The cost burden of breast cancer treatment and diagnosis in Australia – lessons from the Lifepool cohort2018-11-19T00:14:57+00:00

Project Description

The following is a summary of a research project by the authors. For more information please contact Karinna Saxby  at Monash University (email: Karinna.Saxby@monash.edu)

Karinna Saxby1, Dennis Petrie1, Carolyn Nickson2,3, Pietro Procopio2,3, Hannah Bromley2, Louiza Velentzis3, Bruce Mann4, Karen Canfell3

  1. Centre for Health Economics, Monash University
  2. Melbourne School of Population and Global Health , University of Melbourne
  3. Cancer Council NSW
  4. Breast Service, Peter MacCallum Cancer Centre and Royal Melbourne Hospital

Breast cancer is the most common cancer diagnosed among Australian women and its diagnosis and treatment is associated with significant government and individual expenditure. The BreastScreen Australia program provides free biennial mammographic screening, targeted to women aged 50-74 years and available from the age of 40. The primary aim of the program is earlier detection of breast cancer to reduce mortality and treatment intensity. Economic evaluation of the BreastScreen Australia program should incorporate the program’s impact on the costs of breast cancer diagnosis, treatment and management in the community (i.e. outside of BreastScreen and the hospital setting). However, to date, this has been overly simplified or omitted entirely.  To explore such costs, we use data from the Lifepool Cohort, which provides comprehensive demographic information for 50,000 Victorian women as well as details about any subsequent breast cancer diagnoses and, for a subset of the cohort, Medicare claims records (for both MBS and PBS items). Through analysing Medicare claims for those diagnosed with breast cancer, we found a significant increase in both government expenditure and patient contributions for out-of-hospital services 6 months before diagnosis and for up to three years after diagnosis.  Government and individual expenditure was higher for cancers that were of a higher grade, larger in size, or involving the lymph nodes. Screen-detected cancers were associated with reduced government expenditure and out-of-pocket costs compared to cancers diagnosed outside the BreastScreen program, before and after adjustment for multiple cancer characteristics at diagnosis. These differences appeared in both MBS and PBS items. It is important that these costs are considered in future evaluations, particularly when considering changes to the BreastScreen program that might influence cancer characteristics at diagnosis.  Such evaluations should also take into account the likely screen-detection and subsequent treatment of some cancers that would not have been diagnosed in the absence of screening (overdiagnosis). Moving forward, our group will aim to incorporate these costs into a population simulation model for breast cancer screening, diagnosis and treatment.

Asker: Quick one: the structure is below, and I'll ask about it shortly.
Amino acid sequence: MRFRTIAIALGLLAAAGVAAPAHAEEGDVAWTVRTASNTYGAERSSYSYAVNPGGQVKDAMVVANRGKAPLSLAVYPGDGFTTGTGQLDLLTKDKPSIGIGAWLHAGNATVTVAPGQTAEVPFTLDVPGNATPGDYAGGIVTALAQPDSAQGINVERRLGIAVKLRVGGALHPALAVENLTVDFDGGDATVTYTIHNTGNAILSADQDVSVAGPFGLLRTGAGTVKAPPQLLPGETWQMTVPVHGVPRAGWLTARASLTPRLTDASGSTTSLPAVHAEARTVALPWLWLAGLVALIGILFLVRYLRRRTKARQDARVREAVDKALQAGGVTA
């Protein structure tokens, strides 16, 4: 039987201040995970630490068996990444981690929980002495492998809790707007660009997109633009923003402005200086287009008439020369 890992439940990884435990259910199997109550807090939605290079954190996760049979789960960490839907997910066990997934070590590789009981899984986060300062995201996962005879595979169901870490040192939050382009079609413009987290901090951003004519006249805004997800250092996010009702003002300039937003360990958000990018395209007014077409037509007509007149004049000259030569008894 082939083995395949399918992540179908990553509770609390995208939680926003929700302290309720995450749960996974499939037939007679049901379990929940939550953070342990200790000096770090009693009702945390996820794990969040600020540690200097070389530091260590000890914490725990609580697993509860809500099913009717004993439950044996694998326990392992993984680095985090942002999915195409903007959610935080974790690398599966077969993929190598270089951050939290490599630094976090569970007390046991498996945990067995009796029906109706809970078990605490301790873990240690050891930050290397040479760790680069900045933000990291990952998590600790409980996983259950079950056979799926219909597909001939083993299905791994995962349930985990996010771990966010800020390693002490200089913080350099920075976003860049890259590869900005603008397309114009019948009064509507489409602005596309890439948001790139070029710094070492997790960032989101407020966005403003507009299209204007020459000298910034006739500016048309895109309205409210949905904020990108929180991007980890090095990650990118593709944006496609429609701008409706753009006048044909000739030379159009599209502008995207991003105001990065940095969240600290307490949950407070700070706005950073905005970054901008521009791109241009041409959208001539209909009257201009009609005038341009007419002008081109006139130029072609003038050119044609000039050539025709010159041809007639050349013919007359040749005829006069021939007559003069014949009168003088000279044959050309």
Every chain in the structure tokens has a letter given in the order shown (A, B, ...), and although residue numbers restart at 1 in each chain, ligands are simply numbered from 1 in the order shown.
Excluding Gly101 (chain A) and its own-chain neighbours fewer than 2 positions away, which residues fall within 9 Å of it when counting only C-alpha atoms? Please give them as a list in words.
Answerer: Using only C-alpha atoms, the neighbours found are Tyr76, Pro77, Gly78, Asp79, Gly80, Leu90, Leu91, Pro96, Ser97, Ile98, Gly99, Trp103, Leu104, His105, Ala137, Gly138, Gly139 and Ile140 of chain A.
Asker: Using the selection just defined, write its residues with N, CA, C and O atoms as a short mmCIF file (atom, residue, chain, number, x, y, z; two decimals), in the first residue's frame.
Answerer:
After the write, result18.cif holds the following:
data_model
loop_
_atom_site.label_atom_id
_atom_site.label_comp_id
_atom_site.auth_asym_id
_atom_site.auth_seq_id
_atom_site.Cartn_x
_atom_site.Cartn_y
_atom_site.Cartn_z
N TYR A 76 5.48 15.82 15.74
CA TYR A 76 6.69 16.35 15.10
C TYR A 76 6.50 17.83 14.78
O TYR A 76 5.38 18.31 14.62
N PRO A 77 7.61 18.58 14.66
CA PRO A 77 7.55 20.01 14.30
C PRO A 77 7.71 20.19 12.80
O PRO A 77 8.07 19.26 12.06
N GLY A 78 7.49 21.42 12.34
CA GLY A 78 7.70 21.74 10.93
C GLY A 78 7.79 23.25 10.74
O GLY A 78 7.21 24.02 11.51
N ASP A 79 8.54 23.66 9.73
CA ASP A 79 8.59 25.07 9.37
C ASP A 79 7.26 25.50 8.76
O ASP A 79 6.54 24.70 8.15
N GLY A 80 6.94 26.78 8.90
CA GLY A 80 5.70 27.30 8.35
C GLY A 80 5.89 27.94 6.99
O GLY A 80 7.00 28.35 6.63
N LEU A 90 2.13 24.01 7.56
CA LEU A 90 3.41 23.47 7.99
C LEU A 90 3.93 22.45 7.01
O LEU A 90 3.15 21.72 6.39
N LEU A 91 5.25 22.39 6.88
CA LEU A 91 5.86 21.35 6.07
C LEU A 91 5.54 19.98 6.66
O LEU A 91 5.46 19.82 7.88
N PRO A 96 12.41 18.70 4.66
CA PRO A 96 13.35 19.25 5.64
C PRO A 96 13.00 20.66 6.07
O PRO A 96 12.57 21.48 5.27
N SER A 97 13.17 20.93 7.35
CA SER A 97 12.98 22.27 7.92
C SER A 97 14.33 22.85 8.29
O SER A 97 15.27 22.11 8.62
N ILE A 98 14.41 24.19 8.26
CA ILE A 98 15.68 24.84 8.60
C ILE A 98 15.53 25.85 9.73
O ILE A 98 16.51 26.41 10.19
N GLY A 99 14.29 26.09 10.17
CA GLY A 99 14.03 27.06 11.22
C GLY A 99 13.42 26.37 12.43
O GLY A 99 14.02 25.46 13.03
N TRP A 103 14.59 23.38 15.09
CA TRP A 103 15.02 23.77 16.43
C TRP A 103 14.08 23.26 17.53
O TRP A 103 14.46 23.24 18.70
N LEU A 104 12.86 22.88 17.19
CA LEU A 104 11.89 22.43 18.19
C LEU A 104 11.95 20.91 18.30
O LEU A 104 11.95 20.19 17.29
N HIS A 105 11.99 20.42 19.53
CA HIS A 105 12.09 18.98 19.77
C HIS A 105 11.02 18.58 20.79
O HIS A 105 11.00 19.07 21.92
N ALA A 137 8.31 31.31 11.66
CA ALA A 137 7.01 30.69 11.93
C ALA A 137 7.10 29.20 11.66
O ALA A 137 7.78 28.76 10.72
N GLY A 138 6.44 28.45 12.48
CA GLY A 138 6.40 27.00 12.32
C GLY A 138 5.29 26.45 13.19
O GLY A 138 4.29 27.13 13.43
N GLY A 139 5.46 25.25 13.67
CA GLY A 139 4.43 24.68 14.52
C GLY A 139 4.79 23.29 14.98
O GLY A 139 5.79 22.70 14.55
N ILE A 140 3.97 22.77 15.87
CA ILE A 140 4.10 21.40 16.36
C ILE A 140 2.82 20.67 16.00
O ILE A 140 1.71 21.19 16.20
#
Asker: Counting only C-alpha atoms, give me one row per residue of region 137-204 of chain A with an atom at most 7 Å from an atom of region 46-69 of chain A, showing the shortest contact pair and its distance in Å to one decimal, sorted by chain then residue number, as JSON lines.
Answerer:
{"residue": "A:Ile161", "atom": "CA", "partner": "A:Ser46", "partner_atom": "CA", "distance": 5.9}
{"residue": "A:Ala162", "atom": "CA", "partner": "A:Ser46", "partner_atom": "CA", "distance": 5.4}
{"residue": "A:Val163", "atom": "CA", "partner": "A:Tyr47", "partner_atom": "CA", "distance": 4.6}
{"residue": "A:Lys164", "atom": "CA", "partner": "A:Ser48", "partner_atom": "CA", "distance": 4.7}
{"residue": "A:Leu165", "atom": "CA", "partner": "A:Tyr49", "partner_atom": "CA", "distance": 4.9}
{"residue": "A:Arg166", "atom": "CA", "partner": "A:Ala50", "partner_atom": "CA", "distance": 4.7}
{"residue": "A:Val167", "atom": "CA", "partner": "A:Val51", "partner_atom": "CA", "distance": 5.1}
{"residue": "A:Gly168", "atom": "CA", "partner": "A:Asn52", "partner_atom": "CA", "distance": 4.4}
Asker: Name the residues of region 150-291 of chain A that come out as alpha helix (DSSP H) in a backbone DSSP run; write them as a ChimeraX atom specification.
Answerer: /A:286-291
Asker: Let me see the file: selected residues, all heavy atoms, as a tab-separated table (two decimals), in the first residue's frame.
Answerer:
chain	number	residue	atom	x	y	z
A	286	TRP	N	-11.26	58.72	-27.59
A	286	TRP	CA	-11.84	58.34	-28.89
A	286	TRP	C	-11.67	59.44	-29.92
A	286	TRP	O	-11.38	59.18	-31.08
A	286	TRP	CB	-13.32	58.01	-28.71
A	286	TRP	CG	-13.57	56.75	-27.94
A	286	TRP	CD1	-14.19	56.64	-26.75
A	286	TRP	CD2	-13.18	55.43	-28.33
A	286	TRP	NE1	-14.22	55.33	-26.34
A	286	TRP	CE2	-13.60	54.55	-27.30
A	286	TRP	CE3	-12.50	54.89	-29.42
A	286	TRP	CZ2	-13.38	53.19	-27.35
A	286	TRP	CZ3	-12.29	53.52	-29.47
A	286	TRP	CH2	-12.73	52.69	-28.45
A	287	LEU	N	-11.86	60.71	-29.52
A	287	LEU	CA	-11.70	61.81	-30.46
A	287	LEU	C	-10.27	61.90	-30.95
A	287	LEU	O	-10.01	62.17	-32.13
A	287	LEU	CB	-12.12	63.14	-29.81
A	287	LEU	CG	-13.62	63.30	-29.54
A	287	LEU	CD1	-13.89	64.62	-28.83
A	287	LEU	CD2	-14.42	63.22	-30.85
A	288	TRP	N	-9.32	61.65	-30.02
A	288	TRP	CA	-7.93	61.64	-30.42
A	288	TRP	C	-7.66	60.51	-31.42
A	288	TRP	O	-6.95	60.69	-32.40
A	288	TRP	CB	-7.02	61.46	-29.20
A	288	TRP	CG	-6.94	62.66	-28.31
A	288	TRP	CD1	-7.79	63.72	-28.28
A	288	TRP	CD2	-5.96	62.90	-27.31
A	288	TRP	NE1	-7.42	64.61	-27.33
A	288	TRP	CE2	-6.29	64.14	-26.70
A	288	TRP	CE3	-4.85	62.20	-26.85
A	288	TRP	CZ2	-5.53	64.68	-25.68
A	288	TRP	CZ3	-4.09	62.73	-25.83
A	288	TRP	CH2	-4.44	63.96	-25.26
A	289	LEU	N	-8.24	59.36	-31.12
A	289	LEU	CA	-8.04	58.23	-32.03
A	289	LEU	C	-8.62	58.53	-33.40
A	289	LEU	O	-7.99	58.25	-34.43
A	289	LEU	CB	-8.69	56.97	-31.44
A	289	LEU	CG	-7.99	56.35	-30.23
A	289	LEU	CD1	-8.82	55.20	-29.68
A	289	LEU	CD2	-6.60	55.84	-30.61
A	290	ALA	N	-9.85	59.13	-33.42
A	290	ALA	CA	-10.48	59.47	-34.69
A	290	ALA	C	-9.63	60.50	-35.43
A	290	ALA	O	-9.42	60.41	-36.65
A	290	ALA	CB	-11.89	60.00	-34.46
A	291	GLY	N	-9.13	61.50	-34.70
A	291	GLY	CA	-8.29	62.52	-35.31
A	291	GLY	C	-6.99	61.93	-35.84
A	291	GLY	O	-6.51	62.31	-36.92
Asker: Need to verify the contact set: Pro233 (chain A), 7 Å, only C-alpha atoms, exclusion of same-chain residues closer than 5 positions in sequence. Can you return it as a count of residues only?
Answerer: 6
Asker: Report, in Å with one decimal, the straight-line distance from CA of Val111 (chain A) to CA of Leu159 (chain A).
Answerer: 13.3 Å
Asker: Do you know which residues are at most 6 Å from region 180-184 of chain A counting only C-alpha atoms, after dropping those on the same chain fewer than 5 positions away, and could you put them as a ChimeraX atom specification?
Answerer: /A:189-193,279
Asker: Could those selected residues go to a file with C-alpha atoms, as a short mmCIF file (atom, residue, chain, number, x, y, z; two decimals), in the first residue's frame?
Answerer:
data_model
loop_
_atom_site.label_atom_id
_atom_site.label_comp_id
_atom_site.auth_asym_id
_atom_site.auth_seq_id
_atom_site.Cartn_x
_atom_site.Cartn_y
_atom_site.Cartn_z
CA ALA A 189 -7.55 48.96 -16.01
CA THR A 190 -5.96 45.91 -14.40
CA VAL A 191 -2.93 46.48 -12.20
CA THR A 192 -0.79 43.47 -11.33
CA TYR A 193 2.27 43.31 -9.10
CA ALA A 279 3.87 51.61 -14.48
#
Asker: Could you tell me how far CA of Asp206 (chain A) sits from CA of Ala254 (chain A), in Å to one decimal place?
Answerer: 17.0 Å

For further information please contact: Karinna Saxby (email: Karinna.Saxby@monash.edu)